Above: Granthis with the Shri Guru Granth Sahib in the inner sanctum sanctorum of the Golden Temple in Amritsar
The move to make acts of sacrilege involving all religious texts punishable is an indication of how religion has taken over the political landscape of Punjab
By Vipin Pubby in Chandigarh
In Punjab, there is always a game of one-upmanship between the Shiromani Akali Dal (SAD), which claims to be the guardian of Sikh traditions, and its arch political rival, the Congress, which has its own agenda. The fight is to garner Panthic votes or those from the devout Sikh community. Sikhs constitute about 40 percent of the voters in the state and the two political rivals go to great lengths to woo them. And part of the strategy to woo the Panthic vote is the assembly unanimously passing a Bill recently for an amendment to the Indian Penal Code (IPC) and Code of Criminal Procedure (CrPc) to make acts of sacrilege involving all religious texts. It is obvious that both the Congress and SAD are on the same page on the issue.
The Indian Penal Code (Punjab Amendment) Bill, 2018, which was passed, has inserted Section 295AA to provide that “whoever causes injury, damage or sacrilege to Sri Guru Granth Sahib, Srimad Bhagwad Gita, Holy Quran and Holy Bible with the intention to hurt the religious feelings of the people, shall be punished with imprisonment for life”.
The SAD, led by former Chief Minister Parkash Singh Badal’s son Sukhbir Singh Badal, has been touting itself as the representative of the Sikhs. Undoubtedly, the party has a stronghold over the Shiromani Gurdwara Parbandhak Committee (SGPC) which is considered the mini-parliament of the Sikhs. For some time, however, there have been indications of the Panthic vote moving away from it.
The party in 2016 had been attempting to ensure that only baptised Sikhs could vote for the SGPC and had taken the help of its coalition partner, the BJP, at the centre to bring in an amendment to debar non-baptised Sikhs from voting for the organisation. The matter is now under judicial scrutiny.
The party had earlier faced serious criticism when the Sikh clergy, under the control of the SGPC, had announced a controversial pardon to Dera Sacha Sauda chief Gurmeet Ram Rahim Singh for his alleged act of blasphemy. The action had led to state-wide protests. Subsequently, a series of incidents of sacrilege were reported from across the state and two protesters were killed in police firing.
The Congress, under Chief Minister Capt Amarinder Singh, has been trying to lay ambush to the Panthic vote. It is not that Sikhs vote only for the SAD; the Congress too has been attracting a substantial chunk of Sikh votes, but Capt Amarinder Singh has been trying to be “more Akali than the Akalis”, as a political observer put it.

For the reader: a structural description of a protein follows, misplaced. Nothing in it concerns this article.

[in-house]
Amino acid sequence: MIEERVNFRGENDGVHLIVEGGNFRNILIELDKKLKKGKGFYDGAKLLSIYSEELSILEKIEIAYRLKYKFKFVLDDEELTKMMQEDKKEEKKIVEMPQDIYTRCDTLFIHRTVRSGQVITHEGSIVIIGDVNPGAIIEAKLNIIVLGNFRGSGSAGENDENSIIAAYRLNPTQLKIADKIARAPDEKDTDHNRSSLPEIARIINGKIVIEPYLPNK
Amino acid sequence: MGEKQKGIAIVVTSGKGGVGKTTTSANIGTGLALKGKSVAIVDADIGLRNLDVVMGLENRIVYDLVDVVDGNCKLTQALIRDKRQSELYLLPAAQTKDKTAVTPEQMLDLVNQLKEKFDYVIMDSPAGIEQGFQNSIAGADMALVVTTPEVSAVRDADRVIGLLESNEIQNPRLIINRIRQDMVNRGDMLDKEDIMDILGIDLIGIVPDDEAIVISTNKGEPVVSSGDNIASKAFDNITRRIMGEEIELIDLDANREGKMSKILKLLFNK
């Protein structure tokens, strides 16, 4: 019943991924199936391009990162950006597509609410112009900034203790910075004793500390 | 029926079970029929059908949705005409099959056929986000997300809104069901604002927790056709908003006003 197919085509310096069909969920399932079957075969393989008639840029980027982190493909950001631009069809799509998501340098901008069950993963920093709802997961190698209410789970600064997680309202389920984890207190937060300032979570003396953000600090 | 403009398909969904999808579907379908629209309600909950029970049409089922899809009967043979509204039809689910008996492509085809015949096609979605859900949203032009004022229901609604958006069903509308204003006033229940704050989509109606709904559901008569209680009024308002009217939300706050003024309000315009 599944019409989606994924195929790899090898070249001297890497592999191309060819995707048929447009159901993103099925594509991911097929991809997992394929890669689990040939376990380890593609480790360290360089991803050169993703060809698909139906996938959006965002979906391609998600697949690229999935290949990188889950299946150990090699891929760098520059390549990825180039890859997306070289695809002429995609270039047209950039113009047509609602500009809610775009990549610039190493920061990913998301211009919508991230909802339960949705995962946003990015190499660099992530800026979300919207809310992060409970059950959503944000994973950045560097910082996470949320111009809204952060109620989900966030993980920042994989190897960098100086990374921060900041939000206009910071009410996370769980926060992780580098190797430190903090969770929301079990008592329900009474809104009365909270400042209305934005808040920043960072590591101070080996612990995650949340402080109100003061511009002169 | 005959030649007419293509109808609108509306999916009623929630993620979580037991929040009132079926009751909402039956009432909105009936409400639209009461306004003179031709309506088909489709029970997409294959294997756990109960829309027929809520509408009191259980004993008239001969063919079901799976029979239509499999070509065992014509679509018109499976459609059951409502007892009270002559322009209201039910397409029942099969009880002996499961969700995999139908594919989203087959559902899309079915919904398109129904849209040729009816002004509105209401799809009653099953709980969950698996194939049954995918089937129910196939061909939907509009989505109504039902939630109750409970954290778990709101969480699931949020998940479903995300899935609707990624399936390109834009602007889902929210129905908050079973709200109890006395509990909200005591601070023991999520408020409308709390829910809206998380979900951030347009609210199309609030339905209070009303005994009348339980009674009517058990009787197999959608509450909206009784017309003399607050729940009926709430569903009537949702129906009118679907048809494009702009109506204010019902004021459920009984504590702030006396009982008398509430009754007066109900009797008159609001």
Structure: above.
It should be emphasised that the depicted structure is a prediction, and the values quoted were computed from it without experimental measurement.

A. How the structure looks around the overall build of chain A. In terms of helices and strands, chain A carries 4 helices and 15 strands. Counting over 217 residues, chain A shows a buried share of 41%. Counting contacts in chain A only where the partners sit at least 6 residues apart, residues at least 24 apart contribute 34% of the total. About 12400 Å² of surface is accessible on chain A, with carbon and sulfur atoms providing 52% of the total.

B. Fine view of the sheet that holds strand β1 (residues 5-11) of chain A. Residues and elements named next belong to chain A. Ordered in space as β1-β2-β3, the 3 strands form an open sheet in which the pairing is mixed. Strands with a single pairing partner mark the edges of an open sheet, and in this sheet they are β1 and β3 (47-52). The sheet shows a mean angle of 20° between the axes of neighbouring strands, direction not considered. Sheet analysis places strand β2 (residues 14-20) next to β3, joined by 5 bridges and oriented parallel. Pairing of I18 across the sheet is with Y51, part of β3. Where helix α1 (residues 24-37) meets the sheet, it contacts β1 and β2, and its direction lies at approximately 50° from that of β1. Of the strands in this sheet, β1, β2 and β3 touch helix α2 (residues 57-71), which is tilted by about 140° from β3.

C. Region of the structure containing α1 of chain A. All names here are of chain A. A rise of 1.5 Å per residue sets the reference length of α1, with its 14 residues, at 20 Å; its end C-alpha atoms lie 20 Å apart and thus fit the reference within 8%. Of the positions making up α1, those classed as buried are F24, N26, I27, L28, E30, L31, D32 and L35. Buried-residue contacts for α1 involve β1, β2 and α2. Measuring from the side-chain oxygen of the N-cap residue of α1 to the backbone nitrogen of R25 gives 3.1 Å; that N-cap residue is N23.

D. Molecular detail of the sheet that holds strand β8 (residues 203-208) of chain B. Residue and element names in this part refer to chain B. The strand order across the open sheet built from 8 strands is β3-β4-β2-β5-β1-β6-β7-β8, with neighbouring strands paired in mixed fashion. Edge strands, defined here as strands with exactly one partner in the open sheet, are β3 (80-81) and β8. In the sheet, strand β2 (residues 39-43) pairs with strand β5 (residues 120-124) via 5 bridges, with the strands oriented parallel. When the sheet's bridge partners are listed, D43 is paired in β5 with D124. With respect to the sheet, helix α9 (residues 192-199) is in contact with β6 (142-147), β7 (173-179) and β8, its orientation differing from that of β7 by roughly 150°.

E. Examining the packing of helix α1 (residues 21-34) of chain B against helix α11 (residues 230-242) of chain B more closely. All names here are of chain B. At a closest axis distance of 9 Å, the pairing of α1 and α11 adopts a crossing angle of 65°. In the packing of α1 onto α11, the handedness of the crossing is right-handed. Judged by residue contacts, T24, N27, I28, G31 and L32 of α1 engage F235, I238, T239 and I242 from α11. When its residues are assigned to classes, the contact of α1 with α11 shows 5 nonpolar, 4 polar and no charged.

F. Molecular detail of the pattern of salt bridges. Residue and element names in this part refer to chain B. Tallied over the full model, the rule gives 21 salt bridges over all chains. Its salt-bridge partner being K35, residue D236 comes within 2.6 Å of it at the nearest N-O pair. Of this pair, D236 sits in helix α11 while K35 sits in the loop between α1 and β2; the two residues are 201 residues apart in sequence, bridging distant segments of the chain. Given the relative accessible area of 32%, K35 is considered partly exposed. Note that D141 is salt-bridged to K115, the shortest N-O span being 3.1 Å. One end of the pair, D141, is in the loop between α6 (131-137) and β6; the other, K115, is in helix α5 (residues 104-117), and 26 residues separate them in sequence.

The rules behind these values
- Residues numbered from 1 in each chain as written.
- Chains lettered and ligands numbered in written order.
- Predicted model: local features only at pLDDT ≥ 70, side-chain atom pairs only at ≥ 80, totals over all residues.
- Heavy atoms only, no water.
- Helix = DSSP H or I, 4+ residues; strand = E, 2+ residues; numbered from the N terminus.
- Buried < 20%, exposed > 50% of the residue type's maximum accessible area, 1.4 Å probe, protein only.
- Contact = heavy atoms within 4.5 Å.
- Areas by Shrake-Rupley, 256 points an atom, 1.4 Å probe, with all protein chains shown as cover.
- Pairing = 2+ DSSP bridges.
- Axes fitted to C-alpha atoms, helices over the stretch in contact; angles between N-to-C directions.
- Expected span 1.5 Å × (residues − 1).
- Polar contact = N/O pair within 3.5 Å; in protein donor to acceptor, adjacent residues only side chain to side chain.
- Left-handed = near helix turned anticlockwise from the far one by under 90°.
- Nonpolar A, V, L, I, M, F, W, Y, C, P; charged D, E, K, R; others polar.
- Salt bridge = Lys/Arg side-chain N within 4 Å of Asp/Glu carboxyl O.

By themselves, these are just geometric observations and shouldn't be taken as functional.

One instance of him pandering to religious sentiments was when, on the eve of assembly elections, he took a public oath on a gutka (holy book of the Sikhs) that he would check the drug menace in the state within four weeks of coming to power. He also announced that he would bring those culprits to book who had indulged in acts of sacrilege involving the Guru Granth Sahib.
It was a spate of incidents relating to sacrilege of the holy book in late 2015 that had placed the then ruling SAD-BJP in a corner. It was obvious that a particular group of people was deliberately involved in the frequent acts of sacrilege.
The government appeared clueless, although the needle of suspicion pointed to followers of Dera Sacha Sauda and leaders in the Sikh community who wanted to embarrass the government. The Congress was also baying for the blood of the government as assembly elections were within sight.
This is what forced the coalition government to then bring in a bill in the assembly seeking stringent punishment for those responsible for desecration of the Guru Granth Sahib. The Congress, then in opposition, could not have afforded to oppose the move and therefore, the Bill was passed unanimously in the assembly on March 21, 2016.
The governor sent it for presidential assent as it required changes in the IPC. The Union home ministry, however, returned the Bill with the objection that it singled out a particular religion and was against the concept of secularism.
Capt Amarinder Singh, who led the Congress to victory last year, didn’t forgive the Akalis or forget his demand for punishment to those involved in the spate of incidents of sacrilege in 2015 and set up a judicial commission to probe the incidents.
The report, presented in the House recently, indicted the previous government and asserted that former Chief Minister Parkash Singh Badal was aware of the tension building up. The report recommended action against the police officers responsible for letting the situation go out of hand. The government also decided to take back the investigations from the CBI which was entrusted with investigating the incidents by the previous government.
It was clear that Capt Singh would try to milk the issue and open a time-bound inquiry into the incidents. SAD president Sukhbir Singh Badal has described the report and the action as a case of “political vendetta”. He said that the “real motive of the report is to render the Sikh community leaderless. It’s a cheap drama written, produced, directed and choreographed by Capt Amarinder Singh and his men”.
The political slugfest over the issue is likely to continue even though the Bill passed by the state assembly is likely to face the legal test.